Stop Being Weird About Kate Winslet's Body

Stop Being Weird About Kate Winslet's Body
Image:Rich Fury/ (Getty Images)

Since the mid-1990s, when Kate Winslet first dared act in movies while housing her inner consciousness and internal organs within an incredibly beautiful body, headlines have declared her “brave” for doing so. Winslet, blessedly, for her part, has generally remained chill about living in a human shell, expressing longstanding irritation at using airbrushing in ongoing attempts to make her body appear thinner; proclaimed her own, natural pubes good enough for The Reader; and most recently, saying that scenes which showed her stomach in Mare of Easttown were fine as is and did not need whittling down to what executives reasoned was a more audience-pleasing size.

However, the conversation around this tendency of Kate Winslet’s to declare that audiences and filmmakers get the body they get when choosing her for a project often borders on cruelty, while ostensibly extolling her bravery. Take, for example, today’s piece in The Guardian titled “Kate Winslet Shows There’s More to Middle Age Than a Saggy Belly.” Here is the opener:

“Kate Winslet has always had guts. But for her to have a belly, let alone one that wobbles and jiggles in the way most 45-year-old women’s middles quite unremarkably do, is still apparently a thing so shocking as to make headline news.”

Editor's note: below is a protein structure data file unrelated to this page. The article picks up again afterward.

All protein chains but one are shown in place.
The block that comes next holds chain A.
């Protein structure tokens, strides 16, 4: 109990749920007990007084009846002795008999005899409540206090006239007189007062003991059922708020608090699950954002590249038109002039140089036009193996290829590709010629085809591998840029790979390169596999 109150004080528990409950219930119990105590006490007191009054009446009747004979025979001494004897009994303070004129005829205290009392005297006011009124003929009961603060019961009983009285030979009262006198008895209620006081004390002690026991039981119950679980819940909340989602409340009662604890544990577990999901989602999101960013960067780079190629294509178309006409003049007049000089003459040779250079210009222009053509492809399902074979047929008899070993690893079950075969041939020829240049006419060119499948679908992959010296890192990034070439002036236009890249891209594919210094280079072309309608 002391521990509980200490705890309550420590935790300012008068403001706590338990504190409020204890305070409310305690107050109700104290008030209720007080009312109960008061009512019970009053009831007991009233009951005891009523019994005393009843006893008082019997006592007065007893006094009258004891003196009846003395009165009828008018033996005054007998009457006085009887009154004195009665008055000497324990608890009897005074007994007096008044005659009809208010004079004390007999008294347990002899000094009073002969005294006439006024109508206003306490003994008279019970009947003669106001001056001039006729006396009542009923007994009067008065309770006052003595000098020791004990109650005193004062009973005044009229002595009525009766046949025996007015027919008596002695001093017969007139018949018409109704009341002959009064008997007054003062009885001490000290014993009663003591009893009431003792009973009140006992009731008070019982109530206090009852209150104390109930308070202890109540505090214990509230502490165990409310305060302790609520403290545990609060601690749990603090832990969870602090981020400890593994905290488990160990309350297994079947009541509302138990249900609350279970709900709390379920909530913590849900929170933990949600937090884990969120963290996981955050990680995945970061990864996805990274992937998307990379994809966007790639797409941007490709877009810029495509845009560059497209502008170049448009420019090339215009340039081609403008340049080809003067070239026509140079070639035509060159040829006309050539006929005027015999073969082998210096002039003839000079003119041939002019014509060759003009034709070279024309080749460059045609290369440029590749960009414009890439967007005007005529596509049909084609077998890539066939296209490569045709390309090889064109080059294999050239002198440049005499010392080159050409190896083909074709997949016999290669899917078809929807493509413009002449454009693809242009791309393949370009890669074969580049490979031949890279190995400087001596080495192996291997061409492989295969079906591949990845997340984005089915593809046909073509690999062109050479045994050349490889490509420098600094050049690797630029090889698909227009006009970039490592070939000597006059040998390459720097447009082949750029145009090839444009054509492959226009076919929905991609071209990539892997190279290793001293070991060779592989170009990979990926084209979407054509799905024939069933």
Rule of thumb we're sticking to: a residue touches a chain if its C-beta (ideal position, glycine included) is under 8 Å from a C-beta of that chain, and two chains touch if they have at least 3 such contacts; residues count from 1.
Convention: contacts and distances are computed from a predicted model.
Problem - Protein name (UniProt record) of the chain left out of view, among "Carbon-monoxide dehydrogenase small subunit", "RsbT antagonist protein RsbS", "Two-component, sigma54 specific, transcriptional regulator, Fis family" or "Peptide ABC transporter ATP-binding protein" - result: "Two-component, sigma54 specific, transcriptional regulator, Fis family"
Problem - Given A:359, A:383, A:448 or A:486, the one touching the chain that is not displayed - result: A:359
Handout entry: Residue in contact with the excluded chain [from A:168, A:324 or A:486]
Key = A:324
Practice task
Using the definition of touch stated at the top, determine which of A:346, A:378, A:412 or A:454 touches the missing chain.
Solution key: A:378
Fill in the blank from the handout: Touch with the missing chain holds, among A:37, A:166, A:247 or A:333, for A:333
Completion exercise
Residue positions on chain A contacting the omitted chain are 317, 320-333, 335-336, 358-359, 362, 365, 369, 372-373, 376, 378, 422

While the sentiment of the piece is that once again Winslet has used the reality of her body to authentically portray a character, this time one in her mid-forties, to great effect, this is a conversation that has been ongoing since she was 18. Kate Winslet is not some sad, haggard old lady with whom all of us normies might commiserate as we hobble toward the scary old age of 47. Kate Winslet is gorgeous and a great actor who has made quite a few truly exceptional films and television series. As The Guardian piece notes, “Alarm bells should always ring when a woman is called brave for taking her clothes off,” yet the writing once again acts like Kate Winslet is brave for daring to be very hot and great at her job, which in this case was portraying a middle-class woman who lets her roots grow out, sleeps in shitty old tee shirts and worn-out Old Navy pajama pants, and whose body looks like a body. Yet we keep indulging this weird chorus of bravery chatter every single time Kate Winslet takes her clothes off. It’s been 27 years. Can we please talk about something else?

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